Office Hrs: Today 8:00am to 4:30pm EST
2681 Coral Ridge Rd. Brooks, KY 40109
Monday - Friday08:00 - 20:00
Saturday09:00 - 18:00
Sunday09:00 - 18:00
High Temperature Oil Ash Corrosion
High temperature oil ash corrosion is caused by the formation of low melting point compounds produced during combustion of fuel oil. Low-melting species form at superheater and reheater operating temperatures. Vanadium, sodium, and sulfur (V2O5-Na2O or V2O5-Na2SO4) are the primary culprits that form troublesome surface liquids that cause corrosion. The melting points of these compounds range from 1000oF and 1550oF depending on composition. The oil ash corrosion mechanism is similar to coal ash corrosion: a low melting point liquid forms and it dissolves the protective iron oxides.
High temperature oil ash corrosion produces wall thinning that eventually results in stress rupture of the steel. The greatest metal loss occurs under the molten ash deposit. Flat spots may be produced at the interface between the deposit and the exposed tube. Fractures are longitudinal and the outside surface may have an alligator hide texture.
Oil ash corrosion is caused by the formation of complex sodium-vanadium compounds in a molten ash deposit on the tube surface. The amount of vanadium in the oil varies according to the source of the oil, while most sodium chloride in residual oils comes from contamination by seawater during ocean transport. The greatest wastage occurs when the sodium oxide to vanadium oxide ratio is about 1:5 and the tube metal temperature is high enough to allow molten ash to form. The root cause of oil ash corrosion can be verified by determining the corrosiveness of the oil ash and by monitoring the tube metal temperature under the ash deposit. Field testing with controlled temperature corrosion probes or ash deposition probes has been performed to determine the corrosiveness of the ash deposit.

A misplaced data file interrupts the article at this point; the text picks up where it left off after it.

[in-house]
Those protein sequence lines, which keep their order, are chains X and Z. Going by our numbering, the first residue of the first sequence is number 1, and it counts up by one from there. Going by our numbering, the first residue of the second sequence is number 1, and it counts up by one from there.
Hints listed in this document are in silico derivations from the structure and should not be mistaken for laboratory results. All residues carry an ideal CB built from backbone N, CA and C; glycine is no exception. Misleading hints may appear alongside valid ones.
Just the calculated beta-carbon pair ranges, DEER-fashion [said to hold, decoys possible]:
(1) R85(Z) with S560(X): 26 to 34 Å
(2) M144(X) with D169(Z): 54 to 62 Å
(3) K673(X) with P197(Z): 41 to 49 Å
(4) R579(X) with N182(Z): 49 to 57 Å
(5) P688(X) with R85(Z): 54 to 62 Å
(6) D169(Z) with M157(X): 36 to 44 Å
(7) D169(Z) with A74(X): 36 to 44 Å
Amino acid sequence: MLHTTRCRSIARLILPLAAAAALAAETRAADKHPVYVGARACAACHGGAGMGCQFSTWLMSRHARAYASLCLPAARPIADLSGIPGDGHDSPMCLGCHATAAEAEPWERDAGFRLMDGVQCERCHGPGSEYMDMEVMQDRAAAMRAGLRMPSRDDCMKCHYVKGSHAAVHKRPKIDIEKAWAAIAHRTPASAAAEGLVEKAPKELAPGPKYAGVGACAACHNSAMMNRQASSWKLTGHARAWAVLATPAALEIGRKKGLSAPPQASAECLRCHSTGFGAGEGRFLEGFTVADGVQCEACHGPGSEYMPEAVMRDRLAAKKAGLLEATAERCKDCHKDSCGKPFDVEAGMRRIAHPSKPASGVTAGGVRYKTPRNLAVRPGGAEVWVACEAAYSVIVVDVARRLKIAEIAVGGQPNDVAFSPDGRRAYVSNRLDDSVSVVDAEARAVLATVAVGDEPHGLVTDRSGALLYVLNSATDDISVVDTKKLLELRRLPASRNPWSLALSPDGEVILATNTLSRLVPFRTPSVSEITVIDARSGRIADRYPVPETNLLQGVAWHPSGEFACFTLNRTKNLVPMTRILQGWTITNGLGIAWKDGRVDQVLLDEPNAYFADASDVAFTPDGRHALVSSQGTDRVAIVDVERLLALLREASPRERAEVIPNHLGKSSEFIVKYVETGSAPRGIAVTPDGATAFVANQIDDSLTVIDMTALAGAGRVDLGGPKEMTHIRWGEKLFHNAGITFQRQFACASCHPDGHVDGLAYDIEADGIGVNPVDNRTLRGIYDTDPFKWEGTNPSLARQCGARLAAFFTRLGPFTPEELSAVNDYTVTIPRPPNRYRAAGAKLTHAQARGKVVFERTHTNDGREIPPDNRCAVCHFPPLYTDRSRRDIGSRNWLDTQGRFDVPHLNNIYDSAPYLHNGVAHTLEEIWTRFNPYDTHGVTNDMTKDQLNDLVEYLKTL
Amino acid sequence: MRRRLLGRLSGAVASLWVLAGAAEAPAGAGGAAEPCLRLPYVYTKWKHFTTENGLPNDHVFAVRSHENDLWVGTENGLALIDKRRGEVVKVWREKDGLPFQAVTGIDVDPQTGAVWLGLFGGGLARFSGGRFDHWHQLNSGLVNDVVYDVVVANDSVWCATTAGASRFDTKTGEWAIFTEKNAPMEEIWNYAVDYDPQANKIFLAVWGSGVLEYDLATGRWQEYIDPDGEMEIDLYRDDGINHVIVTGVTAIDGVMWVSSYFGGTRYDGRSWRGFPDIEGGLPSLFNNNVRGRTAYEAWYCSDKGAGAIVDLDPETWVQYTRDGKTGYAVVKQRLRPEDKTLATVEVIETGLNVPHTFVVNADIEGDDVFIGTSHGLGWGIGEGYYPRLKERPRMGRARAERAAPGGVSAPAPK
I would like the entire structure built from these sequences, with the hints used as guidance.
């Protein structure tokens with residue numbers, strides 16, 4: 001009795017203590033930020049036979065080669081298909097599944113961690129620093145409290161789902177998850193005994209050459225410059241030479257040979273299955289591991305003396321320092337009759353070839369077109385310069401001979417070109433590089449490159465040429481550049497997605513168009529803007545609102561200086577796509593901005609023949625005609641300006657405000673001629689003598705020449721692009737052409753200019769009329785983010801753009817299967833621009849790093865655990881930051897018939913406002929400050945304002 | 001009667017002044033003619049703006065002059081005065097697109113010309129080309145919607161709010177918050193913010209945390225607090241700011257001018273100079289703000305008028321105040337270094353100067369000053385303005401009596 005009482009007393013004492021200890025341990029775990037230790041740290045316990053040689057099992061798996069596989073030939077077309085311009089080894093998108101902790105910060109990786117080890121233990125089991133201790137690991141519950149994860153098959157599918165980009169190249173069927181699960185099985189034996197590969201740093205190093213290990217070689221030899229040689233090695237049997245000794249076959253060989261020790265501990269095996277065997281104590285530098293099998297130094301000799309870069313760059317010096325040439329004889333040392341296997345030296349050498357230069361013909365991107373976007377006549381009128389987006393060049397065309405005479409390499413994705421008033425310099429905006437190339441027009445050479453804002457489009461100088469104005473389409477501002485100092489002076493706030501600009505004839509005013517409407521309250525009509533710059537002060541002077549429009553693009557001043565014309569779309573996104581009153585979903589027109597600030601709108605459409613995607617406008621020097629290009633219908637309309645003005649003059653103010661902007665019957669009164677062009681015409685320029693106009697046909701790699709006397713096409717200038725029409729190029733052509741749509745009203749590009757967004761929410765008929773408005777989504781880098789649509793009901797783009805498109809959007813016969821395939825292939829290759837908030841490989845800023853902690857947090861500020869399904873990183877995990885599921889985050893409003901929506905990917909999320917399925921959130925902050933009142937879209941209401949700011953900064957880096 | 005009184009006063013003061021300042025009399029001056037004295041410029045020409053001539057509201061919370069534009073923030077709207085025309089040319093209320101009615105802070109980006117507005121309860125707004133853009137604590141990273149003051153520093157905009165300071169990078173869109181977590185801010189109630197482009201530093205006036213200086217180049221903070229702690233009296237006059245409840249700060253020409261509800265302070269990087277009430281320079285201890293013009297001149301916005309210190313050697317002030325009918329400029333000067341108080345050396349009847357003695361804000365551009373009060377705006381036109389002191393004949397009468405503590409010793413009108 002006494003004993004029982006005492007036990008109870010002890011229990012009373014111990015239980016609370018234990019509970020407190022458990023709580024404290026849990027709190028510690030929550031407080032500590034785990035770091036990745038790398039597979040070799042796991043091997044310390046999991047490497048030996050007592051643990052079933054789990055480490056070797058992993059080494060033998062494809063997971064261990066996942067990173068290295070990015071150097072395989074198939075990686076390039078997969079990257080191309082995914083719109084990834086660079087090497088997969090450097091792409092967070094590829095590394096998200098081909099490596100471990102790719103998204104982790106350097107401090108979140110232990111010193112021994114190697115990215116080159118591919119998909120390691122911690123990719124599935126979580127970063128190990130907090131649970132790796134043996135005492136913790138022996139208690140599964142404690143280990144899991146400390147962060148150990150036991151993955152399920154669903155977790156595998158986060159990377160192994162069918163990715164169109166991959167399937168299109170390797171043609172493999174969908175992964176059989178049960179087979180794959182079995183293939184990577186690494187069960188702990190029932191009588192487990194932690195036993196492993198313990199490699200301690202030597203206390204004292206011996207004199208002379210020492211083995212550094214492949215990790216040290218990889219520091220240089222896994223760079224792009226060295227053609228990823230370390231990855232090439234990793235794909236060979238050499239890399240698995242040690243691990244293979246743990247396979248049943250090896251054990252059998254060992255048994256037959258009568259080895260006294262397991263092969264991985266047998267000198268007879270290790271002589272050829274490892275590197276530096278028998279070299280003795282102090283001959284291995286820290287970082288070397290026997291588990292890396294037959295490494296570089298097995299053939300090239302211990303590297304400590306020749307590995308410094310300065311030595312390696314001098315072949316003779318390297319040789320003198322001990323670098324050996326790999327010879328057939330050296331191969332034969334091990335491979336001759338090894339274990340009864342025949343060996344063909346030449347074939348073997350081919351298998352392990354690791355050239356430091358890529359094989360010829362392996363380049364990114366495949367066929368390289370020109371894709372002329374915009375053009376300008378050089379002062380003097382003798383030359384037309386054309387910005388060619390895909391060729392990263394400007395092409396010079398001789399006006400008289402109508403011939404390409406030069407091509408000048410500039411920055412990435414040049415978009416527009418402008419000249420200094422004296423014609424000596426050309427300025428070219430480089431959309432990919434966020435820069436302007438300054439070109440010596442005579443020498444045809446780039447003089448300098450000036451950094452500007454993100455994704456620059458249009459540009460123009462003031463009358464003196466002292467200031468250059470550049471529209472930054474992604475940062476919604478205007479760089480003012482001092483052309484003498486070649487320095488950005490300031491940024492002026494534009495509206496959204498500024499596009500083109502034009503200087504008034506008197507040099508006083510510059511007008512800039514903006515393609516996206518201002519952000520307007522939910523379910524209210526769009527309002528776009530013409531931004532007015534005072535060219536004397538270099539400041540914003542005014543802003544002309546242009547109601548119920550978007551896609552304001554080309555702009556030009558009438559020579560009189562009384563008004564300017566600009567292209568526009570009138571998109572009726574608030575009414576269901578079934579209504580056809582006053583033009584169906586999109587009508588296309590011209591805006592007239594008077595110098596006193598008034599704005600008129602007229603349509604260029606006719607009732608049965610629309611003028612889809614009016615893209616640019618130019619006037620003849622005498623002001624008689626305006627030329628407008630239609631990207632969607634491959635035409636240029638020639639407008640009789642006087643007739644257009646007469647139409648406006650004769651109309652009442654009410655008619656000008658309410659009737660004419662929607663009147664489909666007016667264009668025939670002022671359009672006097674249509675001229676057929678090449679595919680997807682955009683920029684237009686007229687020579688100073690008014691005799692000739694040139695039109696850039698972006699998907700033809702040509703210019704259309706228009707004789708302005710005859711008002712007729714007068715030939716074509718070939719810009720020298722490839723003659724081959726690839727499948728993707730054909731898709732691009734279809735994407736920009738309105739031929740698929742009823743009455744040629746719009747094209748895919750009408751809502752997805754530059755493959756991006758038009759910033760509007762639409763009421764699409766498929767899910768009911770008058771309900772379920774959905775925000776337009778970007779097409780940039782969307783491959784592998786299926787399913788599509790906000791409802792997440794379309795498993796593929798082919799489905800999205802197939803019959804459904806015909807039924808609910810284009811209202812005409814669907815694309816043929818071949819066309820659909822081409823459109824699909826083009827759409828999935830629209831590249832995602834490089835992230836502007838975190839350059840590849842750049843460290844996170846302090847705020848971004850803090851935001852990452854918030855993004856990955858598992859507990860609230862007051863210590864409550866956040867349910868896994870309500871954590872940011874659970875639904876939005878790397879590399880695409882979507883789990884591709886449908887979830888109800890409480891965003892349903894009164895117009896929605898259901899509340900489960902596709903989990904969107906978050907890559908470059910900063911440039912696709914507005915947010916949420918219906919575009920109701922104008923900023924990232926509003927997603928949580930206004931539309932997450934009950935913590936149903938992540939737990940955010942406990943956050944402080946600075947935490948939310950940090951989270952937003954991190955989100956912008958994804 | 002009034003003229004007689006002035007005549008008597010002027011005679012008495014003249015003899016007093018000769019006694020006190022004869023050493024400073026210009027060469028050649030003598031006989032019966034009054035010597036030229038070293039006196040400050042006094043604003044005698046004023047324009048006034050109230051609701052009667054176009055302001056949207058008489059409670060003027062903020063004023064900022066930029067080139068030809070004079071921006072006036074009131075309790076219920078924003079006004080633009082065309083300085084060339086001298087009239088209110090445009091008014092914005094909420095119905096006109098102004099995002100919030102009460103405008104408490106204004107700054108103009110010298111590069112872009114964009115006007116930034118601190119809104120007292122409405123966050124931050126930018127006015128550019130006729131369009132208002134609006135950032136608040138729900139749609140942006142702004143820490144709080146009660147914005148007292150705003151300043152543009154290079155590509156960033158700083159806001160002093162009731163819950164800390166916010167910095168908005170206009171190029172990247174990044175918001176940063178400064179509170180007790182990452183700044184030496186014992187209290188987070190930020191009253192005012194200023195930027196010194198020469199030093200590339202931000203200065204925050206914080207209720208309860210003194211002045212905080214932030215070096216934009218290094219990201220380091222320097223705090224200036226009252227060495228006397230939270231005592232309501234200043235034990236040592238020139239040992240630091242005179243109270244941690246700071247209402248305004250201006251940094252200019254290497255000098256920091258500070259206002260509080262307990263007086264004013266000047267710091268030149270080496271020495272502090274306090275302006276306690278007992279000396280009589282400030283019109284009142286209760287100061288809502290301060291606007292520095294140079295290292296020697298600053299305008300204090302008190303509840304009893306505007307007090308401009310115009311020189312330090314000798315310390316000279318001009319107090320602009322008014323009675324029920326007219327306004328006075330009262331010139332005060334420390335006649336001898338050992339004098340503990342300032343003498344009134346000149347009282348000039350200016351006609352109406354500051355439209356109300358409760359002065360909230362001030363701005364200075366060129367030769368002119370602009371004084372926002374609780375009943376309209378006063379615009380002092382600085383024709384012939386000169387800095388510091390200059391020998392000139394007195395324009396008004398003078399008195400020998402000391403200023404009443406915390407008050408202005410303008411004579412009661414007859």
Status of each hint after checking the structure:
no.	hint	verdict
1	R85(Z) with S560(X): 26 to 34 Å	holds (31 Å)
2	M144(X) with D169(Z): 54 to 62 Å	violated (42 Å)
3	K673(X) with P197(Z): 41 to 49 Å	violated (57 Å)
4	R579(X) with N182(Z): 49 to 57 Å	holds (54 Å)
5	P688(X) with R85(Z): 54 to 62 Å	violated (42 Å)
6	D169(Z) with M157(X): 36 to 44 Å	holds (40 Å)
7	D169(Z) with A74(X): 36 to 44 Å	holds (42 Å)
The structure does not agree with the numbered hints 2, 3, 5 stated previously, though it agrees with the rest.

Ultrasonic (UT) wall thickness measurements and tube metal temperature measurements are taken to establish the corrosion rate extent and to calculate the effect of the corrosion on the service life of the tube steel. This is taken at the area of greatest metal loss.
Corrective actions depend on the severity of the corrosion problem. An estimate of tube remaining service life should be performed on a non-failed tube sample. Several short term actions involve using thicker tubes, shielding the tubes, or coating with a thermal sprayed corrosion-resistant material. Long term actions include replacing the tubes with a higher grade alloy or surface treated tube steel. Maintaining oxidizing conditions inside the furnace potentially eliminates the formation of porous iron sulfide scales instead of protective iron oxides. Inaccurate burner angles may result in localized reducing conditions. Therefore, burners should be adjusted per design to have the correct stoichiometric mixture. Weld overlays of more corrosion resistant alloys like Alloys 625 and 622 have been proven to be a long term solution for fireside corrosion. The superior corrosion resistance of these superalloys in both oxidizing and reducing environments containing mixtures of acids has been attributed to the formation of Cr-rich oxides (Cr2O3).